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Posted at 10:52 AM ET, 04/15/2011

The elite birther backlash

As the 2012 presidential campaign approaches, a birther backlash is emerging among Republican elites. This backlash provides an example of a dynamic we’re likely to see more of during the campaign, as the interests of the Republican Party and Fox News being to diverge. While Fox News and the GOP normally have a symbiotic relationship, the interest Republican politicians have in not looking like cranks is in conflict with Fox News’s interest in promoting cranks to get ratings.

 Donald Trump recently thrust himself into the spotlight by publicly embracing birtherism, and as a result Fox News has gotten more comfortable trafficking in the conspiracy theory.  At the same time, both Mitt Romney and Tim Pawlenty , both of whom are far more viable candidates, have publicly rejected birtherism while positioning themselves for presidential runs.

 

In an interview with ABC’s George Stephanopoulos yesterday, President Obama confronted the conspiracy theories about his birth, while also noting the problems they pose for the other side:

Well you know, I think that over the last two and a half years there's been an effort to go at me in a way that is politically expedient in the short-term for Republicans.  But creates, I think, a problem for them when they want to actually run in a general election where most people feel pretty confident the president was born where he says he was, in Hawaii.  (LAUGHS) He — he doesn't have horns.  We may disagree with him on some issues, and we may wish that, you know, the unemployment rate was coming down faster, and we want him to know his plan on gas prices.  But we're not really worrying about conspiracy theories or — or birth certificates.  And so . . . I . . . I think it presents a problem for them.  But, look, I right now have such a big day job that I am not yet focused on what's happening on the other side.  There'll be a time where I’m — I'm very focused on it.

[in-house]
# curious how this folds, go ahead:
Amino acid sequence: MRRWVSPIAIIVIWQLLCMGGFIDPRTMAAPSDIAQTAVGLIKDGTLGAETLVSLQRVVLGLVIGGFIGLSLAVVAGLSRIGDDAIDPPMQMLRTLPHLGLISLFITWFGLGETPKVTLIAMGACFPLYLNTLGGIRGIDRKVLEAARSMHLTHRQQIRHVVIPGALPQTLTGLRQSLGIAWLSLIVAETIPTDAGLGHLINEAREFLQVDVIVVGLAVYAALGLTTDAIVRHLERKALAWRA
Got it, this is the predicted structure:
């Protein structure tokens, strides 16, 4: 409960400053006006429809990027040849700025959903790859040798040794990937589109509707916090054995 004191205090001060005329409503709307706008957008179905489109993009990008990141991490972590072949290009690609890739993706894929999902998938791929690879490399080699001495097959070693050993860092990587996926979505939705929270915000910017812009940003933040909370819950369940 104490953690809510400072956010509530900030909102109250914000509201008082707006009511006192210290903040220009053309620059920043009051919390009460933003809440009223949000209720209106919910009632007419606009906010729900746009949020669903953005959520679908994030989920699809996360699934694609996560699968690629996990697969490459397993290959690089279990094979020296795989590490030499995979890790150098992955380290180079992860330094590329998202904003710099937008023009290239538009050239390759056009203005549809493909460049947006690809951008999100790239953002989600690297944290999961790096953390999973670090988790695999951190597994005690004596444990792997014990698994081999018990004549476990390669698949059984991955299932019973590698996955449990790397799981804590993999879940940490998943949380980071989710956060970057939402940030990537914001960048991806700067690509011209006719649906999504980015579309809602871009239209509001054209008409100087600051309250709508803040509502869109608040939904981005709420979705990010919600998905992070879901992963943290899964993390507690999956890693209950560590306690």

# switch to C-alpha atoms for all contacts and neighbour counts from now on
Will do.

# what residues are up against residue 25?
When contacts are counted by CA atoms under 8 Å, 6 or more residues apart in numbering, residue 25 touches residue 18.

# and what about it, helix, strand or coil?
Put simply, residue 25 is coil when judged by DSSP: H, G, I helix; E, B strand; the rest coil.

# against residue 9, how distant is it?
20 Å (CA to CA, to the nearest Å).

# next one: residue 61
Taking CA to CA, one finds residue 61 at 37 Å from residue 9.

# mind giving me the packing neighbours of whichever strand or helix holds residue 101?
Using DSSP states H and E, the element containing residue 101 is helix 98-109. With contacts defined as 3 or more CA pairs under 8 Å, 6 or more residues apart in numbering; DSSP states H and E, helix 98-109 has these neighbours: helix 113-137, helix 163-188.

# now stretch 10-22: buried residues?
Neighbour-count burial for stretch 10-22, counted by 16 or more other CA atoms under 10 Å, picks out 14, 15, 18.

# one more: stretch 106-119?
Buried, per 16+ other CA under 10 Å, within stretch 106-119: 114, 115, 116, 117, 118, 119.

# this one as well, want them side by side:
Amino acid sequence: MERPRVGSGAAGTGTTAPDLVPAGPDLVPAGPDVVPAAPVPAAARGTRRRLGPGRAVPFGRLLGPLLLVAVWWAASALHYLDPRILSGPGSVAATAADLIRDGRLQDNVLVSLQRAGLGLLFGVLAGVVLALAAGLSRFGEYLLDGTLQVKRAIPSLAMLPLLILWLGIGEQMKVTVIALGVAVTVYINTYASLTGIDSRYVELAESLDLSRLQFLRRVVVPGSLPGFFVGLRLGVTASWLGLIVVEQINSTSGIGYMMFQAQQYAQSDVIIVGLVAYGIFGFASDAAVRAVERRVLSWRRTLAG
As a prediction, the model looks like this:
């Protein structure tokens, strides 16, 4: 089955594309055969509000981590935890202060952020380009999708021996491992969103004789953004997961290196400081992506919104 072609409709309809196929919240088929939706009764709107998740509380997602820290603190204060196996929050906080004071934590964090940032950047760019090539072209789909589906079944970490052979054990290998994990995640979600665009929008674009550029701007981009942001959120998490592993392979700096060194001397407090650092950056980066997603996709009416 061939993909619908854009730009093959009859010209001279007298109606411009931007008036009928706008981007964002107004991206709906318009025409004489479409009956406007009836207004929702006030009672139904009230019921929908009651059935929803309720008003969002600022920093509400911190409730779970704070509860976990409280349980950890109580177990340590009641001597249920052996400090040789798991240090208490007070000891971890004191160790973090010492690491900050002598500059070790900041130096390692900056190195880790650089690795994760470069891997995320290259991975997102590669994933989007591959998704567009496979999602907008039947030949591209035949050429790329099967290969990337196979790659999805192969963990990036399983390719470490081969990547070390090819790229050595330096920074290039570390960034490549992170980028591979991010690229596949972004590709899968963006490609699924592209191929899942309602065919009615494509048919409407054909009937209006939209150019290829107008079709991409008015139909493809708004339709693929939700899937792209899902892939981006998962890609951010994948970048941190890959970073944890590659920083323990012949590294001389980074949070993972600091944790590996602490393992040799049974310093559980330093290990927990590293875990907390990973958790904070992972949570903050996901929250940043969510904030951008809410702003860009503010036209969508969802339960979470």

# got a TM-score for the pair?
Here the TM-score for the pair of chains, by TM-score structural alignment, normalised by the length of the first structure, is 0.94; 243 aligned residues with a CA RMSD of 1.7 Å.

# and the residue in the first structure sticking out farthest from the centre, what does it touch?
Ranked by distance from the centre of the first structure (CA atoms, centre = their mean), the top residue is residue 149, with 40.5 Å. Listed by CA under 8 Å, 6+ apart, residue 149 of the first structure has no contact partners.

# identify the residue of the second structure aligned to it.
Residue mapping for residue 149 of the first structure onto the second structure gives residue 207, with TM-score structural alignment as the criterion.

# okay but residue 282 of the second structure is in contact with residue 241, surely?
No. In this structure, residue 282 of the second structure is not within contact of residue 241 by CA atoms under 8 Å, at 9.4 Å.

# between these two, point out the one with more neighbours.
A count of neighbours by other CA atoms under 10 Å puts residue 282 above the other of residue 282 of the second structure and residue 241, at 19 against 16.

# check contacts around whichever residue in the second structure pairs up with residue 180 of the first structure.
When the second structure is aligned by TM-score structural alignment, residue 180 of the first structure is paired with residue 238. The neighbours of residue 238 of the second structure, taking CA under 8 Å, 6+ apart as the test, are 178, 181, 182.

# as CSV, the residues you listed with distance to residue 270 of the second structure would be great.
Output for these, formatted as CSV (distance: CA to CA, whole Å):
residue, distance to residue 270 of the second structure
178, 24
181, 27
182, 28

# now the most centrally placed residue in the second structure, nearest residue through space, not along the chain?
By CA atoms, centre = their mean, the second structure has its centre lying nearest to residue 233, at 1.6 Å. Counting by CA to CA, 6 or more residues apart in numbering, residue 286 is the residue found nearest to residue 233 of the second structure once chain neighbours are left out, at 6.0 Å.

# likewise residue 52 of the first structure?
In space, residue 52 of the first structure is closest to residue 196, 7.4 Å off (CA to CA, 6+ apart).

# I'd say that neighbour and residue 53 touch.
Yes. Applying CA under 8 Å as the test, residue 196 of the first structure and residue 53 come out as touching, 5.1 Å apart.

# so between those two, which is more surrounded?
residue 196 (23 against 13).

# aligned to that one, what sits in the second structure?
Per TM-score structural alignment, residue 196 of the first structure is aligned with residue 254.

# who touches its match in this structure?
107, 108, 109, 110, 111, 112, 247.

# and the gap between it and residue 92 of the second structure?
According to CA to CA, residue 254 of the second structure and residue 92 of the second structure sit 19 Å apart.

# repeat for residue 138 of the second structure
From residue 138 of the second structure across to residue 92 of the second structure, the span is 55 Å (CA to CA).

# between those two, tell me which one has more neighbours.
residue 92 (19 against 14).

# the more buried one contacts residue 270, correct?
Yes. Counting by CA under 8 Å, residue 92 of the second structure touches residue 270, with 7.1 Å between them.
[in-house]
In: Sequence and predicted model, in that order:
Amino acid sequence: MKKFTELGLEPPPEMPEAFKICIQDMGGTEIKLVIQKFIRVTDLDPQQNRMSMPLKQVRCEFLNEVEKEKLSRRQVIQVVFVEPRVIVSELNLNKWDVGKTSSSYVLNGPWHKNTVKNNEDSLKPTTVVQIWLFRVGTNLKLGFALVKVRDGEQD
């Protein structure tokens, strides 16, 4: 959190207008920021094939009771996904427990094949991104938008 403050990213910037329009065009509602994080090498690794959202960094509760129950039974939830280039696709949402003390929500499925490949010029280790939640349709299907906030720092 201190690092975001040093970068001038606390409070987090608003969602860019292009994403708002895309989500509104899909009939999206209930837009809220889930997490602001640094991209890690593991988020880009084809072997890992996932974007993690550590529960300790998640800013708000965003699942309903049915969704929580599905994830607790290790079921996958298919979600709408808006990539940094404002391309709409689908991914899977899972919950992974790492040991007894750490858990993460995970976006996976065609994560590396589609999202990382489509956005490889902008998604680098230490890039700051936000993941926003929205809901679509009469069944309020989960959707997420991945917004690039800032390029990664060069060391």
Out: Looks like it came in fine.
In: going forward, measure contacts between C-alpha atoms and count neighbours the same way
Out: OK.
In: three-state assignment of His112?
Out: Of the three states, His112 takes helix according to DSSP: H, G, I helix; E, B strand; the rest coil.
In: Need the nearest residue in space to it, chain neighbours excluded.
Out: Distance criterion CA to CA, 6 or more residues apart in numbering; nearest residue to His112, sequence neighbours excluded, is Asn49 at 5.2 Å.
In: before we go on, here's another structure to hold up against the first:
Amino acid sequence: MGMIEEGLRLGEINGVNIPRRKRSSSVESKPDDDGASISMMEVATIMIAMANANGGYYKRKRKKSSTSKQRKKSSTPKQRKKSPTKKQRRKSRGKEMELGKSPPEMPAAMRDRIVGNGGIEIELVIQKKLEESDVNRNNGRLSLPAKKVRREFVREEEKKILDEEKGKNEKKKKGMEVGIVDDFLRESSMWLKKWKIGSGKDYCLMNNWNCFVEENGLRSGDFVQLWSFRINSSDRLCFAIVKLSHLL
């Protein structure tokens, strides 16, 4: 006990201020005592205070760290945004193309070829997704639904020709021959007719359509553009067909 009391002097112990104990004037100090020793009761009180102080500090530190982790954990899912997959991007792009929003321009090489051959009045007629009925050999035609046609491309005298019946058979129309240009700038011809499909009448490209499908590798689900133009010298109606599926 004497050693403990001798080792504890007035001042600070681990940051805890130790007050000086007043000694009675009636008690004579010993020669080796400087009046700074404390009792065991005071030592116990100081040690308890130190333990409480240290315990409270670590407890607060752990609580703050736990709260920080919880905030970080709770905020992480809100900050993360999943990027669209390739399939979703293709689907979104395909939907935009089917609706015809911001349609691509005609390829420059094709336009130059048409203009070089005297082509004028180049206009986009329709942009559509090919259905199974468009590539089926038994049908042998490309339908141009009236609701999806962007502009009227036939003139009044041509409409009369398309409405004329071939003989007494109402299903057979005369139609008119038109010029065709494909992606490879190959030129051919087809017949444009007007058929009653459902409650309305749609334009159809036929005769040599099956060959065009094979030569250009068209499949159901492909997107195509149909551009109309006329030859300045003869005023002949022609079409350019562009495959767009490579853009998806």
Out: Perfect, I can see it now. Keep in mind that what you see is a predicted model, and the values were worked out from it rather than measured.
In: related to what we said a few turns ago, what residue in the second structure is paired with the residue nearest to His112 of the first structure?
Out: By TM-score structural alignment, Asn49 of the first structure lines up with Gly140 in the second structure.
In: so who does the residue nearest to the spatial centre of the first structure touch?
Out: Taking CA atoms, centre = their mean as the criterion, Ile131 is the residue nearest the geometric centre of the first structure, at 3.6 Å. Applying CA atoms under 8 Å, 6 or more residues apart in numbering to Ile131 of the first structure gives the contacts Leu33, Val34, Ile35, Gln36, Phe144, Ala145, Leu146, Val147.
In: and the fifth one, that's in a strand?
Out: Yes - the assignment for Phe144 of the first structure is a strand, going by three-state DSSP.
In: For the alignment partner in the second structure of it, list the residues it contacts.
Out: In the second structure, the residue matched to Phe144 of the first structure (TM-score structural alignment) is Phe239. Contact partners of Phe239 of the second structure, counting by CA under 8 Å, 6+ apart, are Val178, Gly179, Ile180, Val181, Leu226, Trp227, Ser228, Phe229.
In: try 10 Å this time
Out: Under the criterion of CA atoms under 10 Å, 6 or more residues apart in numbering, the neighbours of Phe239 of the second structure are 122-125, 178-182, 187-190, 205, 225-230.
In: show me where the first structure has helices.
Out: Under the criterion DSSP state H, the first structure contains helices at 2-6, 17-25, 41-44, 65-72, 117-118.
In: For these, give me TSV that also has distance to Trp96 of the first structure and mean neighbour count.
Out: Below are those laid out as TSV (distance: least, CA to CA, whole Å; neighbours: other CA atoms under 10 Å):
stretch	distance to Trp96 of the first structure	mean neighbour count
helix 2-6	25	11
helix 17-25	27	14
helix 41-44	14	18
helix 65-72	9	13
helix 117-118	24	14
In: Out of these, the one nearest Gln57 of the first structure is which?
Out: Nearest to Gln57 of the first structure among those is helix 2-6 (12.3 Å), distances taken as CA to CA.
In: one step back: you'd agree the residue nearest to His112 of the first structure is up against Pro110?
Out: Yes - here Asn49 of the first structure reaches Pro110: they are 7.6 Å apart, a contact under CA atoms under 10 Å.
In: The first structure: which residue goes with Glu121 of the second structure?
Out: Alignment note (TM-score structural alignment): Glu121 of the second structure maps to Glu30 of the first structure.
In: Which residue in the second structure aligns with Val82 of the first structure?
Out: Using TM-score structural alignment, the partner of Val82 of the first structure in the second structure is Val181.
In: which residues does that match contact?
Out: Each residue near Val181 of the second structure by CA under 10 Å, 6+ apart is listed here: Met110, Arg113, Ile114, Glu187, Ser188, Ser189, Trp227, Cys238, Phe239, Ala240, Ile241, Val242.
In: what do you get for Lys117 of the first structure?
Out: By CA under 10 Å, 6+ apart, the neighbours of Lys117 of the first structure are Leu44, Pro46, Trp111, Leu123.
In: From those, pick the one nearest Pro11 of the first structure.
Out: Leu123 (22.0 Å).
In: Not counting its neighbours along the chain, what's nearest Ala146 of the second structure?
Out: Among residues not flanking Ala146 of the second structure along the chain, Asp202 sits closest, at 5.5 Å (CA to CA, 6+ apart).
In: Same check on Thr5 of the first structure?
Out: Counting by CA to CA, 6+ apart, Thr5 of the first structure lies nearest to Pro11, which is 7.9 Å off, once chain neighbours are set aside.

The president has an awkward tightrope to walk on this stuff. Reacting angrily could energize the fringe, and correctly attributing birtherism to racism would simply be another opening for Republicans to complain that the president thinks his all of his critics are racists. So he has to shrug and laugh and say he doesn’t take it personally.

He did, however, accurately describe how birtherism could become a political liability. As former Bush administration official Peter Wehner wrote earlier this week:

When prominent figures in a party play footsie with peddlers of paranoia, the party suffers an erosion of credibility. While certain corners of a party’s base might be energized by conspiracy theories, the majority of the electorate will be turned off by them. People are generally uneasy about political institutions that give a home to cranks.

Conservative commentators such as Karl Rove and Ann Coulter have tried to persuade conservatives to abandon birtherism by describing it a secret liberal plot, but that hasn’t worked. As much as establishment Republicans want to believe that birtherism is a “trap” set for them by liberals, the truth is that it’s the easiest trap in the world to escape — it’s just that until now, Republican leaders have chosen to placate or avoid offending birthers by engaging in post-birtherism or pseudo-birtherism.

 This is a problem of Republicans’ own creation, and it’s one that illustrates what is likely to be one of the more odder elements of the 2012 presidential race — the distinction between what helps the GOP win elections, and what helps Fox get ratings.

By Adam Serwer  |  10:52 AM ET, 04/15/2011

 
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